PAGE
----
The impact of pharmacist-led medication therapy management on medication adherence in patients with type 2 diabetes mellitus: a randomized controlled study

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Diabetes Mellitus, Type 2, Medication Therapy Management, Medication Adherence, Pharmacists, Treatment Outcome, Patient Education as Topic, Ethiopia


Background: Poor adherence to antidiabetic medications leads to a higher rate of hospital admissions and adverse health outcomes in type 2 diabetes mellitus patients.

Objective: This study aims to evaluate whether a pharmacist-led medication therapy management, compared to the usual care, could enhance medication adherence and reduce hospital admission in patients with type 2 diabetes mellitus.

Methods: A prospective randomized controlled study was conducted in patients with type 2 diabetes mellitus from February 1 to July 30, 2016. Patients in the control group (n=65) received the usual care while patients in the intervention group (n=62) received a personalized pharmacotherapeutic care plan and diabetes education. The two groups were compared by repeated measure ANOVA at 3 and 6‐months with medication adherence (using Morisky medication adherence scale) and number of hospital admissions as the main outcome variables.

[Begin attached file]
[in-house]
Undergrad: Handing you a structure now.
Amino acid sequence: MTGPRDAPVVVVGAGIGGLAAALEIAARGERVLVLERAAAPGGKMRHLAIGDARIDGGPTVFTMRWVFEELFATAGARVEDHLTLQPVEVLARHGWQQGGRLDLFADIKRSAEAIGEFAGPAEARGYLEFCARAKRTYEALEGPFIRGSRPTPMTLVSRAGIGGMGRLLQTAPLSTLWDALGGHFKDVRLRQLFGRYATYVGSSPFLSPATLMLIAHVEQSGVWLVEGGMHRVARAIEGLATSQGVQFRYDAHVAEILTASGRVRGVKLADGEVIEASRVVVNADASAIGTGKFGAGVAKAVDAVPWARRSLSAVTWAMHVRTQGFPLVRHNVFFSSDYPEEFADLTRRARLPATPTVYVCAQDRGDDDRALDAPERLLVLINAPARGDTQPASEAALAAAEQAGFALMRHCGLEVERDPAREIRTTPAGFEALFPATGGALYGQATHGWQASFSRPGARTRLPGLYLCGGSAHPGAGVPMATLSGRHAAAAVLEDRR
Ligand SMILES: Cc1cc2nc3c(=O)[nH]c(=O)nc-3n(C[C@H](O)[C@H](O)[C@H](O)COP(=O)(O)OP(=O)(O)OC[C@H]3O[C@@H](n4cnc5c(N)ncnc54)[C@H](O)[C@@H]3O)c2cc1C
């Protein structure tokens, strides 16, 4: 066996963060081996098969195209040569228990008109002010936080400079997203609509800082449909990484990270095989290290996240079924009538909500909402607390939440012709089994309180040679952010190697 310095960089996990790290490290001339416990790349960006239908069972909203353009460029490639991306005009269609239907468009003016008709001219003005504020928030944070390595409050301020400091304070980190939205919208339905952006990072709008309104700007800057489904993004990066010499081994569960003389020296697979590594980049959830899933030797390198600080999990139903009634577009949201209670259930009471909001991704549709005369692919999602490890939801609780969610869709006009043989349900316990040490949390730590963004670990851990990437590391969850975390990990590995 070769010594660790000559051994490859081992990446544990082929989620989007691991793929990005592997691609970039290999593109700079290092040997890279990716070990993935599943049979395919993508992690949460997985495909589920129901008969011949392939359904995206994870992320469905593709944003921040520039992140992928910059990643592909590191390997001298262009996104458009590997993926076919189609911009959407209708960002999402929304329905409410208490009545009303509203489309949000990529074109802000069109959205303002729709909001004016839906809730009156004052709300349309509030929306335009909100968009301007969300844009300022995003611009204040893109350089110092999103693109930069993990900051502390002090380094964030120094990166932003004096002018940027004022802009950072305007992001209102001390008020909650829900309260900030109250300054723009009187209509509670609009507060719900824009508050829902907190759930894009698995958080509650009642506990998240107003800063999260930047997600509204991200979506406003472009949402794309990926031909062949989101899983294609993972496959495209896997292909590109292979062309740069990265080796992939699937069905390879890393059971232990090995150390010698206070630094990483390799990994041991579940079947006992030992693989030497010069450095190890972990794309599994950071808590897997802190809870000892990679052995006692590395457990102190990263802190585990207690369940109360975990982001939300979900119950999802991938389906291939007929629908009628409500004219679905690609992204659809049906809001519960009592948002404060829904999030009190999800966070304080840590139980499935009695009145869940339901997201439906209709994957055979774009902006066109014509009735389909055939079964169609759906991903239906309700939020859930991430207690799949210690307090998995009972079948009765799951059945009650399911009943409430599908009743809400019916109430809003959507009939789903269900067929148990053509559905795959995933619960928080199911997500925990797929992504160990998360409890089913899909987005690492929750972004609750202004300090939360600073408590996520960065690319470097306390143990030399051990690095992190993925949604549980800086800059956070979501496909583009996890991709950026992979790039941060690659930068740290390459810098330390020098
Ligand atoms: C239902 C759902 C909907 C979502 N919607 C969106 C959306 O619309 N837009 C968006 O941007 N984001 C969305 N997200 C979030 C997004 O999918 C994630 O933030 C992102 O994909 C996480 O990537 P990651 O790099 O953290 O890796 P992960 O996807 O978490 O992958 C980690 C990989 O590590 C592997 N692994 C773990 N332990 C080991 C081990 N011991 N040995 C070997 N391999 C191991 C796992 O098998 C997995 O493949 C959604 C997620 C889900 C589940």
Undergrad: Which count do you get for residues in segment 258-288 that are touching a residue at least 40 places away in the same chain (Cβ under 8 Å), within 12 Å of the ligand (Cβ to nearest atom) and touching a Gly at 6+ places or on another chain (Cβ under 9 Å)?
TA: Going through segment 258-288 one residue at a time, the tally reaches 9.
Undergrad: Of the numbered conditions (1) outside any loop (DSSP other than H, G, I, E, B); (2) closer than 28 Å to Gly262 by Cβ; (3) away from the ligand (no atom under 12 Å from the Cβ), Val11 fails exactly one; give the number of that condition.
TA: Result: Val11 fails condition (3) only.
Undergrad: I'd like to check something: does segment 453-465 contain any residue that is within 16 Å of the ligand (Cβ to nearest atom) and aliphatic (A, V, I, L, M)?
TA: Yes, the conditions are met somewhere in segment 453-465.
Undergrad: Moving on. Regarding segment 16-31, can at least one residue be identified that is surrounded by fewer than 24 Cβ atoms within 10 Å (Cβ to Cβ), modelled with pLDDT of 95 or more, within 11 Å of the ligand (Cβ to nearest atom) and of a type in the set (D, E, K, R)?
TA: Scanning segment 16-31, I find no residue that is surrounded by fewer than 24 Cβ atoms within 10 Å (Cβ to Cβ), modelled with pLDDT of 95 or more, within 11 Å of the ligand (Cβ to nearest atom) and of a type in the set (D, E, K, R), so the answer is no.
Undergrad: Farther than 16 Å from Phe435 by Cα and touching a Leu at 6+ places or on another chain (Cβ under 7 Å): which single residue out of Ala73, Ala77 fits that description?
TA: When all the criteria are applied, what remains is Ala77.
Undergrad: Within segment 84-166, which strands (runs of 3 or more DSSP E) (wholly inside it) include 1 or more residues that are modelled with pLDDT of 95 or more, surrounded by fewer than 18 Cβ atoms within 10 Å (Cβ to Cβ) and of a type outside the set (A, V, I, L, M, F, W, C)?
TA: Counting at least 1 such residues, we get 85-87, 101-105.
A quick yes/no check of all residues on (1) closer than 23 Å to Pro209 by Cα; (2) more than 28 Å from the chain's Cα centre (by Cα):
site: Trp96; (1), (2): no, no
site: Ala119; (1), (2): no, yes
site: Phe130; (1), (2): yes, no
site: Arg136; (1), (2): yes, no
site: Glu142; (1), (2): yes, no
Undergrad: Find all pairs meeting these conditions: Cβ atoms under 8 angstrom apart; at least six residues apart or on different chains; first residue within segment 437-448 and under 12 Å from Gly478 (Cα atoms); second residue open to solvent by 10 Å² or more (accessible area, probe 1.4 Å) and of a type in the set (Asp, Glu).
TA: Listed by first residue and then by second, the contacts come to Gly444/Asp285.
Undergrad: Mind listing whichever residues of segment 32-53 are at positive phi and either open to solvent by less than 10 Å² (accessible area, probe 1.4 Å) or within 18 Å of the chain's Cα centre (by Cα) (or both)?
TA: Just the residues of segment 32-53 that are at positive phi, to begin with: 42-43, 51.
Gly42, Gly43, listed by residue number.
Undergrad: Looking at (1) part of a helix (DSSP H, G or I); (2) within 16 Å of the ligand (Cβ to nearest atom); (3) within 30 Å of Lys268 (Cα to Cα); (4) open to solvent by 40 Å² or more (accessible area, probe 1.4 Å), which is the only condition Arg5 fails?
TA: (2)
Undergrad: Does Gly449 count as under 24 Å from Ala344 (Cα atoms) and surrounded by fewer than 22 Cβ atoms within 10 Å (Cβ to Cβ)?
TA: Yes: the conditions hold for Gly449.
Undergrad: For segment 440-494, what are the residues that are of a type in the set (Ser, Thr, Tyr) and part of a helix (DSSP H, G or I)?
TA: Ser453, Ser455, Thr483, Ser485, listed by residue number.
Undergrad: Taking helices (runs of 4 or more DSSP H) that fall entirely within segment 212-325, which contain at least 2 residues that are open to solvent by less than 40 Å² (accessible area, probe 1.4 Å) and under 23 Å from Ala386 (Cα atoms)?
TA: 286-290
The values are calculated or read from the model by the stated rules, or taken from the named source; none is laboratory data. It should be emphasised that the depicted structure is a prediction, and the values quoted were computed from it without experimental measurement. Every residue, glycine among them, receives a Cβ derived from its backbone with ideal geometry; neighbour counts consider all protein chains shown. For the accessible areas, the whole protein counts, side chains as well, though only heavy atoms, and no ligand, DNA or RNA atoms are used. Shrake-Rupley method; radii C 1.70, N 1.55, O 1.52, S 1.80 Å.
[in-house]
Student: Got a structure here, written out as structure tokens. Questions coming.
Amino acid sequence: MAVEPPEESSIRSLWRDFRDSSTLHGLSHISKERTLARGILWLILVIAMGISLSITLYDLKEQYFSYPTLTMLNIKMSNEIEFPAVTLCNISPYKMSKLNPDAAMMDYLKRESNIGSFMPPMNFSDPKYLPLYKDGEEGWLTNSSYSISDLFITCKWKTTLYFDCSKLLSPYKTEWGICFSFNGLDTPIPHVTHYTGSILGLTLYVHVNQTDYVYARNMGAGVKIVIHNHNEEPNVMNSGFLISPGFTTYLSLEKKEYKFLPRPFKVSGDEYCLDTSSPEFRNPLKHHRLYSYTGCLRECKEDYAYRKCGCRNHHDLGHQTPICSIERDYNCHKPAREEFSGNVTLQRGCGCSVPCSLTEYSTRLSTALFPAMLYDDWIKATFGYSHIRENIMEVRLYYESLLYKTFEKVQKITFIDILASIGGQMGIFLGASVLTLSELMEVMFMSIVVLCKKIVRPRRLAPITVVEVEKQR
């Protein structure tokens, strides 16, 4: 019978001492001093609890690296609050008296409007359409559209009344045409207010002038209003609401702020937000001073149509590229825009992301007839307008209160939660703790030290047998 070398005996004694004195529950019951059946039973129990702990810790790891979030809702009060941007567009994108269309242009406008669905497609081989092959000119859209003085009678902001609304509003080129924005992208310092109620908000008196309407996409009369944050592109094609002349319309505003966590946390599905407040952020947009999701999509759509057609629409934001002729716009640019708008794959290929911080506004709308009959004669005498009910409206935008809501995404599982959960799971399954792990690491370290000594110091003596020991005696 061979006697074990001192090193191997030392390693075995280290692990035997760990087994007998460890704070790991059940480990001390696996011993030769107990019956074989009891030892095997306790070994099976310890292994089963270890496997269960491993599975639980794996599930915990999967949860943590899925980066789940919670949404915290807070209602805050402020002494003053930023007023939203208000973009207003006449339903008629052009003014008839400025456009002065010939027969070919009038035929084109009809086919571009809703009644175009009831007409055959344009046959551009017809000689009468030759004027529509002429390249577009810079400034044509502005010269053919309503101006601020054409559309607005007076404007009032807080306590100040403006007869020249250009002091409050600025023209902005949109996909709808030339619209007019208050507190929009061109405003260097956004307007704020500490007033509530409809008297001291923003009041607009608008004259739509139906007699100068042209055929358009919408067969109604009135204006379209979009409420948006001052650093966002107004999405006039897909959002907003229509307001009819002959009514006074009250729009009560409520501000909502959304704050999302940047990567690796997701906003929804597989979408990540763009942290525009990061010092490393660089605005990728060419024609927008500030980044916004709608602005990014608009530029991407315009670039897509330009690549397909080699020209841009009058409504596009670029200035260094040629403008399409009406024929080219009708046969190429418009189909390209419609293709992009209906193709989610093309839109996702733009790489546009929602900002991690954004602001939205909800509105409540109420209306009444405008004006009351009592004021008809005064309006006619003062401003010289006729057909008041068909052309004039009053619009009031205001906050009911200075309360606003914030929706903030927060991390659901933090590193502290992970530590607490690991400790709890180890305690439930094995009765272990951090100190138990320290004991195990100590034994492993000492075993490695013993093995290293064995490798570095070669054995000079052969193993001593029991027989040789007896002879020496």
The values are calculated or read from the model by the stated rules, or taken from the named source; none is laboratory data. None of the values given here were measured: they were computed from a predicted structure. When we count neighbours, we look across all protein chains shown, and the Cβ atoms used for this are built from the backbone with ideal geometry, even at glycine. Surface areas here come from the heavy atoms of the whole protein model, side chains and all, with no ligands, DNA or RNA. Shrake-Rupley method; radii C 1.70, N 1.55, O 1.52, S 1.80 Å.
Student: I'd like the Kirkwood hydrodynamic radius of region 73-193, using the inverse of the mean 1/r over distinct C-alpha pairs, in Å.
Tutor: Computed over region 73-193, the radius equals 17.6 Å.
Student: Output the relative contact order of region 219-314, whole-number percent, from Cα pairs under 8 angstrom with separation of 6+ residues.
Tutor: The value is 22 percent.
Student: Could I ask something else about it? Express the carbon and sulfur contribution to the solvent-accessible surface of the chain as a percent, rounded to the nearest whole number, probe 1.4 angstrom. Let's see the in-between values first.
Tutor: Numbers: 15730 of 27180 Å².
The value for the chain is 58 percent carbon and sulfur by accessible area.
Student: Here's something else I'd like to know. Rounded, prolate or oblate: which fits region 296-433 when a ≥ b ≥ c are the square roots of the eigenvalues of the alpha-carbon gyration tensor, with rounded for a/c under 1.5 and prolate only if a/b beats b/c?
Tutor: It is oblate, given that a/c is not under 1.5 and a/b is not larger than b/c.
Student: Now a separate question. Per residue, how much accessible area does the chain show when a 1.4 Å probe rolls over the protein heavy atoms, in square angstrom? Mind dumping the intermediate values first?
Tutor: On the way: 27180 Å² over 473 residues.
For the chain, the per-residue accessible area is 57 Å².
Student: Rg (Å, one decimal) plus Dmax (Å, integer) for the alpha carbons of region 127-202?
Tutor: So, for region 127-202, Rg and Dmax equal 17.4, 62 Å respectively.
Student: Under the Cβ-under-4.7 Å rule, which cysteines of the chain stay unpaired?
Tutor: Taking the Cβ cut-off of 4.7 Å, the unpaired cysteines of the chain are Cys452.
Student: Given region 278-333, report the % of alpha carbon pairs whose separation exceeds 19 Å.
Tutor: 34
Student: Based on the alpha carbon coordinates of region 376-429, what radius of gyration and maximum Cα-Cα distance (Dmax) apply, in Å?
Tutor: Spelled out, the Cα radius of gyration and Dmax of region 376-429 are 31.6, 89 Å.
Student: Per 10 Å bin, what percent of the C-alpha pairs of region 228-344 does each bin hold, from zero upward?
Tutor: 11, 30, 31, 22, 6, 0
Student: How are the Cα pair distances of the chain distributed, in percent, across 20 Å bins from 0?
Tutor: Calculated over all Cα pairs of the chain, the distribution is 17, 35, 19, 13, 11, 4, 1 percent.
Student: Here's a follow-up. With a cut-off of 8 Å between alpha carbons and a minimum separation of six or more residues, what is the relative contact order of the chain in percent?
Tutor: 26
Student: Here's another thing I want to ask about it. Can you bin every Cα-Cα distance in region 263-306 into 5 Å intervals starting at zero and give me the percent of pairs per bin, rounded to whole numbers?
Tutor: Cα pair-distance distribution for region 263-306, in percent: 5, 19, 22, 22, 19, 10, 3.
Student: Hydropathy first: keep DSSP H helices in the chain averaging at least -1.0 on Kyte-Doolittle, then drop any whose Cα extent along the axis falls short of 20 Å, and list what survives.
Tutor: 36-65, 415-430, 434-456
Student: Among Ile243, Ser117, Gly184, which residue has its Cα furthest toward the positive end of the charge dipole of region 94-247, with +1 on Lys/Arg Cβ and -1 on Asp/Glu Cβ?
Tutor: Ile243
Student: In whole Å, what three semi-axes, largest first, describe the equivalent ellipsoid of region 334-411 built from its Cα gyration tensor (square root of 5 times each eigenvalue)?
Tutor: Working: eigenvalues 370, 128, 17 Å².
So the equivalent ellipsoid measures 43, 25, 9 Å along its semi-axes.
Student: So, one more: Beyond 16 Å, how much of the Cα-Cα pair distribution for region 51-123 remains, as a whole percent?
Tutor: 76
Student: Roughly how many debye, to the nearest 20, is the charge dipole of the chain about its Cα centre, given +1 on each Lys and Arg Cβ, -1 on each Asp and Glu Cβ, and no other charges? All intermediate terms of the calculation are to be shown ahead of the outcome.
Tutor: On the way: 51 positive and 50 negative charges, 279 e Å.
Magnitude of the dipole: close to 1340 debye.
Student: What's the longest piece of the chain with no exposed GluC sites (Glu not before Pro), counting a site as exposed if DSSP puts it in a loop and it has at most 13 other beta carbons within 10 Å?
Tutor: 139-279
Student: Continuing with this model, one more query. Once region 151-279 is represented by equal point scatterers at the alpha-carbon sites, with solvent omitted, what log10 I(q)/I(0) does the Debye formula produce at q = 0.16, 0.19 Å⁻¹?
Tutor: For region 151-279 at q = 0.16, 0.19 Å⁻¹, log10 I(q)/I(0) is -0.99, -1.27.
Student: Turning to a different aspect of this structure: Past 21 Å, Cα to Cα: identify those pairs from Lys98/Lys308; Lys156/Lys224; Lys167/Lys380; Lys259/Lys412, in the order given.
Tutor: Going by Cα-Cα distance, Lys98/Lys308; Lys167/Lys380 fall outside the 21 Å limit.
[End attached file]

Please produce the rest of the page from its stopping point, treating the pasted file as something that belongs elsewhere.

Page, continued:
Results: A total of 127 patients were included in the study. A marked and statistically significant increase in medication adherence from baseline to 3 and 6 months were noted in the intervention group (increased from 9.2% at baseline to 61% at 6 month) compared with the control group (increased from 13.2% at baseline (to 30.2% at 6 month; p-value<0.01). Furthermore, at the 6-month follow-up, only 23 patients in MTM group with poorly controlled blood glucose levels resulted in hospital admissions compared to 48 patients in non-MTM group, resulting in a 52.1% fewer hospital admissions (p< 0.001).

Conclusions: The findings of this study implied that pharmacist-led medication therapy management might improve medication adherence and reduce number of hospitalizations in patients with type 2 diabetes mellitus. Hence, policies and guidelines should be in place in order for clinical pharmacists to fully engage in patient care and improve the medication therapy outcomes.


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